For those who are interested in history (and why you should start thinking about shorting your Google stock) here’s a little background…
In television shows there almost inevitably comes a time when the show decides that they are sufficiently popular or important to give up on their premise and start catering not to their audience but to either a new audience they want to attract or to the egos of their key performers. The mark of this is "very special episodes" or episodes where a cast member "has to" sing or when they have a cast member do a water ski jump over a shark tank.
In the computer industry there are two equivalents.
Application Vendor Shark Jumping
For application vendors it comes when one or more of their founders decides that they want to kill off Office by building or more frequently acquiring additional applications to build their own suite. The results are predictable.
- WordPerfect tried it. Anybody here use WordPerfect as their word processor lately?
- Ashton-Tate tried it. The results can be seen in what market share is left for the formerly dominant dBase franchise.
- Lotus tried it. The company that owned spreadsheets is now a minor division of another ghost of its former self, IBM.
- And that particular shark jumping was even tried by a systems house, Novell. I guess that proves you can even have hubris so massive you can cross the systems/applications boundary.
System Software Shark Jumping
On the systems side of the industry the shark jumping moment comes not by saying "let’s build an OS to compete with Windows" because that’s actually very difficult IBM, Apple and SUN have all tried multiple times and failed miserably multiple times. It’s expensive, requires a huge infrastructure and massive partner acceptance.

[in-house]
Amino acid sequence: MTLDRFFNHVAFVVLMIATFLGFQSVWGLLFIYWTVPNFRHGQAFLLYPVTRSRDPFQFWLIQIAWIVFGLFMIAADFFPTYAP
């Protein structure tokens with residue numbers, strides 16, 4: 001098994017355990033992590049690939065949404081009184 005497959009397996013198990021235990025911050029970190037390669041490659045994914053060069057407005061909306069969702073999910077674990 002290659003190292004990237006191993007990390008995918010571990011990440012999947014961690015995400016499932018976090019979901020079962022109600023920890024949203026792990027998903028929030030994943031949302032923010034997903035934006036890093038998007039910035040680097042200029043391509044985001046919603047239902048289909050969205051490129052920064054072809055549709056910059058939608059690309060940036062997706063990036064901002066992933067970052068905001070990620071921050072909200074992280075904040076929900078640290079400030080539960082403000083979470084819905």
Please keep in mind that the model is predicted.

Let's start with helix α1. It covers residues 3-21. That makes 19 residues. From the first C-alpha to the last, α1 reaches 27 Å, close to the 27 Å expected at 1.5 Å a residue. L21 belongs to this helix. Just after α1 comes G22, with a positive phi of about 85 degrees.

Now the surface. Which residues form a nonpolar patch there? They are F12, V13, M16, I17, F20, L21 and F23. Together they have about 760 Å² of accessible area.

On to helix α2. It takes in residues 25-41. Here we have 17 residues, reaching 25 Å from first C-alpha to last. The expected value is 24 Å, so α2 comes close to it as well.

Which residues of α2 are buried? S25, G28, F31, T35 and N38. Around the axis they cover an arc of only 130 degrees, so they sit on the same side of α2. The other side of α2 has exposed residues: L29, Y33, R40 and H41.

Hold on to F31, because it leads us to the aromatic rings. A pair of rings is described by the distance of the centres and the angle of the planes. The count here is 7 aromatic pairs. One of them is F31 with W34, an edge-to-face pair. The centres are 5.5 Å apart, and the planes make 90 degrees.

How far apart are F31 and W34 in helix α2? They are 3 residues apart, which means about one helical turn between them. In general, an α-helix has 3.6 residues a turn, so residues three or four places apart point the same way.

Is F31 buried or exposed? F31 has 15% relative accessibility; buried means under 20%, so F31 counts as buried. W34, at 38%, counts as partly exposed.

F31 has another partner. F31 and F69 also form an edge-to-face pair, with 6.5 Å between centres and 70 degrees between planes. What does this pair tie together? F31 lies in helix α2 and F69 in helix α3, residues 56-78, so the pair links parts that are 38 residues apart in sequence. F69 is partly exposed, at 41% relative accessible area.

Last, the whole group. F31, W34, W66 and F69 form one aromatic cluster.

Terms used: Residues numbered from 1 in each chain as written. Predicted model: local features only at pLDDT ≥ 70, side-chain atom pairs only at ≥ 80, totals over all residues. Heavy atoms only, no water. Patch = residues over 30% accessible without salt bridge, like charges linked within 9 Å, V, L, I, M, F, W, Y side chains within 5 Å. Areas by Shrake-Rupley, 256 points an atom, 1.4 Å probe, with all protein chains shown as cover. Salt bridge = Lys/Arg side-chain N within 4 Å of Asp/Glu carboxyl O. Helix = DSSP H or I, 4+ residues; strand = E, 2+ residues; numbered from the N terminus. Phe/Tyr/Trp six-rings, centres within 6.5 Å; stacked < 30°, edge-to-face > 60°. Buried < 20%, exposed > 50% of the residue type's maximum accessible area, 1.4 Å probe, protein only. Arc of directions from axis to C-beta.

The way systems houses jump the shark is to say, "There’s no need for an operating system any more. We’re going to make Windows irrelevant by moving the programming layer above the OS". This is tied to their odd belief that people (not people like them, of course, but people they hold in some contempt like their end users) shouldn’t really have an OS, they’d really be better off and would really prefer a variant of the old terminal model. And so they launch a "new" product line which will move these "users" over to something better suited to their perceived lack of skills – it’s worth noting that these same executives pretty much always find a reason why they haven’t been able to switch over.
- IBM was built on the central power/powerless user model and fell back on it by crippling their PC line when it began to hurt their System/3x family.
- SUN tried multiple times (most famously with SUNray terminals)
- Oracle decided that users didn’t need an OS and pushed a line of processors that ran Java natively (and a mini-OS to go with them)
In each case, the company (IBM, SUN, Oracle, Netscape) never recovered and if they survived at all it’s only as a ghost of what the were.
Today Google announced their plans to move into the arena of shark jumping. And, since I trust Steve Ballmer and company to have a fair understanding of history, I’d bet there are people dancing and popping champagne in the executive offices at the Microsoft campus as I write this.